DANVILLE -- As San Ramon Valley students savored their last weeks of summer this month, hundreds of their teachers studied up on the new Common Core State Standards they must begin teaching.
Common Core is a national shift in education that values problem solving and critical thinking skills over memorization. It is an attempt to better equip students for the obstacles they will face in life.
In Spring 2015, students in the state will no longer sharpen their pencil to take the scantron California Standards Tests. Rather, they will ready their computer mouse and fingers to click and type in the right answer on an electronic state test that surveys their knowledge of the new Common Core standards, and adapts the difficulty based on student responses.
Even though San Ramon Valley students regularly outperform their peers on the state's current standardized tests, their teachers are moving full-steam ahead to change their way of teaching to conform with the new edict of content and teaching principles adopted by a majority of states. Some applaud the change as a return to the art and heart of teaching to the benefit of students, and others criticize it as more regressive federal regulation of teaching.
"The way that we assess kids is going to be very different and they are going to be asked to perform and to demonstrate their understanding very differently," teacher Ngoc Nguyen told a group of third, fourth and fifth grade district teachers meeting at Windemere Ranch Middle School last week. Teachers gathered to learn how to use Common Core methods with elementary math. "The bad news is even if you're not embracing it, you don't have a choice," she said.
But even as more schools begin to switch, most Americans have never heard of the Common Core State Standards, a PDK-Gallup poll released Aug. 21 found.
That might be because not all districts are as far along as San Ramon Valley, especially in California where the official transition and the state funding for it begins this school year.
San Ramon Valley teachers and staff were familiarized with the standards at an all-district meeting last fall. By the end of the school year, more than a dozen district teachers had been trained to be Common Core trainers, task forces for math, English and literacy were created, and a committee formed to decide how elementary school report cards, aligned with current state standards, need to be changed.
In the two weeks before school started this year, as many as 400 San Ramon Valley teachers attended 60 Common Core classes, district officials said.
"We were fortunate to be able to have a little (money) in reserve and a little funds we could flex to implement this, but it is expensive," said Superintendent Mary Shelton. The district will get $5.99 million in one-time state money this year to implement new standards. That money will pay back the $254,000 spent last year and fund the transition.
Although districts can spend that state money on technology, professional development or new curriculum, San Ramon Valley students will not see new textbooks this year, Shelton said. Instead teachers are told to craft lessons with existing textbooks and materials, some written with the Common Core in mind. They are also urged to use Internet resources, and the district may buy online subscriptions to e-books and research websites to help.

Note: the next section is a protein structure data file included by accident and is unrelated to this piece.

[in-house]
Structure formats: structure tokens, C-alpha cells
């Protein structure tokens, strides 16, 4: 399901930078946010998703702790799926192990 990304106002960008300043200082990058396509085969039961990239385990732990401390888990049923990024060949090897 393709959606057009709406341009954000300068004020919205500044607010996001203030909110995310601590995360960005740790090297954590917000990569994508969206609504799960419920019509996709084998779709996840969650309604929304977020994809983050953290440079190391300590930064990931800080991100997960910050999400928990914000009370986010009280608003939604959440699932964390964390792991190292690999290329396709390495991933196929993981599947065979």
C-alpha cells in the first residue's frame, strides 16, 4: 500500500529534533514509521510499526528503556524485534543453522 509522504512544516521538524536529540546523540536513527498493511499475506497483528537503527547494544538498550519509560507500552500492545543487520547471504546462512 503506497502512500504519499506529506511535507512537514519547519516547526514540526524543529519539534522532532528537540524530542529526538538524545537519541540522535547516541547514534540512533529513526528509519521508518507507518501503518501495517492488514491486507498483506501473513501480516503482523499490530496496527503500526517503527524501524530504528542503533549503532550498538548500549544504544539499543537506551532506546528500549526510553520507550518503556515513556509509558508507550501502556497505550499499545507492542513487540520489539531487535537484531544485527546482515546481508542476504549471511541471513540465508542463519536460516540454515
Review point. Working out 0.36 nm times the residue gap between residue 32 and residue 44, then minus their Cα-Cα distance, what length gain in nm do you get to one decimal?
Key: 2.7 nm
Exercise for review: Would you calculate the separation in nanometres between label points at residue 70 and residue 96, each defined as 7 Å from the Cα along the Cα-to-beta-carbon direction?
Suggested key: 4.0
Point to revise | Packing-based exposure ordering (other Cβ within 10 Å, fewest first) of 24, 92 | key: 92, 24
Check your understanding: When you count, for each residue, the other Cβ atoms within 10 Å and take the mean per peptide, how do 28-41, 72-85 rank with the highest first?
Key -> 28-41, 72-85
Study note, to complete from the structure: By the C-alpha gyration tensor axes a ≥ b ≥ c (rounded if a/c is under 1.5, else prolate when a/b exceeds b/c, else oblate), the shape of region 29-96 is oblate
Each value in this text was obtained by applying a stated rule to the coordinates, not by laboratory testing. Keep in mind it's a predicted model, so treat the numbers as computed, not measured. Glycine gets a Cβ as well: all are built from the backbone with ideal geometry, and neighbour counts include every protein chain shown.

"That's kind of what Common Core is all about. You don't get everything just from reading a chapter in your textbook. You have to go out and research on the Internet, read from different sources," said Shelton.
Students this year can expect more research projects with real-world application and more class discussion and explanatory writing about how they arrive at their answers.
Falling by the wayside may be the volume of work they must do and teachers might skip lessons students don't need, leaving more time for difficult lessons.
Among the more controversial changes will be a shift in content mastery for some skills to later grades, like multiplication and division, now a fourth and fifth grade standard instead of third grade.
"Not only will they be mathematically ready but also developmentally ready," Nguyen told teachers.
It's those sorts of changes that have led to misconceptions about the new standards, Shelton said.
"You'll hear that it's dumbing down the curriculum and to me if anything it's taking it to a higher level," she said. It will "help our kids think and write and read at high levels and be prepared for the jobs that they are going to have in the 21st century."
Dana Slocum, fourth grade teacher at Neil Armstrong Elementary, welcomes the change and said she will have her students use a math journal this year to explain their answers.
"This idea of having less (to teach), but teaching with more rigor, I think that's a great way to teach and I think it's the way we should be teaching."
She's not the only enthusiastic one, said Ann Katzburg, president of the teacher's union.
"I think our teachers overall are excited about going to the Common Core because it is going to be a paradigm shift to them where they won't be teaching to a test," she said, adding that a new emphasis on deciphering nonfiction text will better prepare students for college.
All San Ramon Valley campuses are seeking to begin Common Core testing next spring instead of using the old test, but the state has yet to select participating campuses.
Ashly McGlone covers San Ramon. Contact her at 510-293-2463. Follow her at Twitter.com/AshlyReports.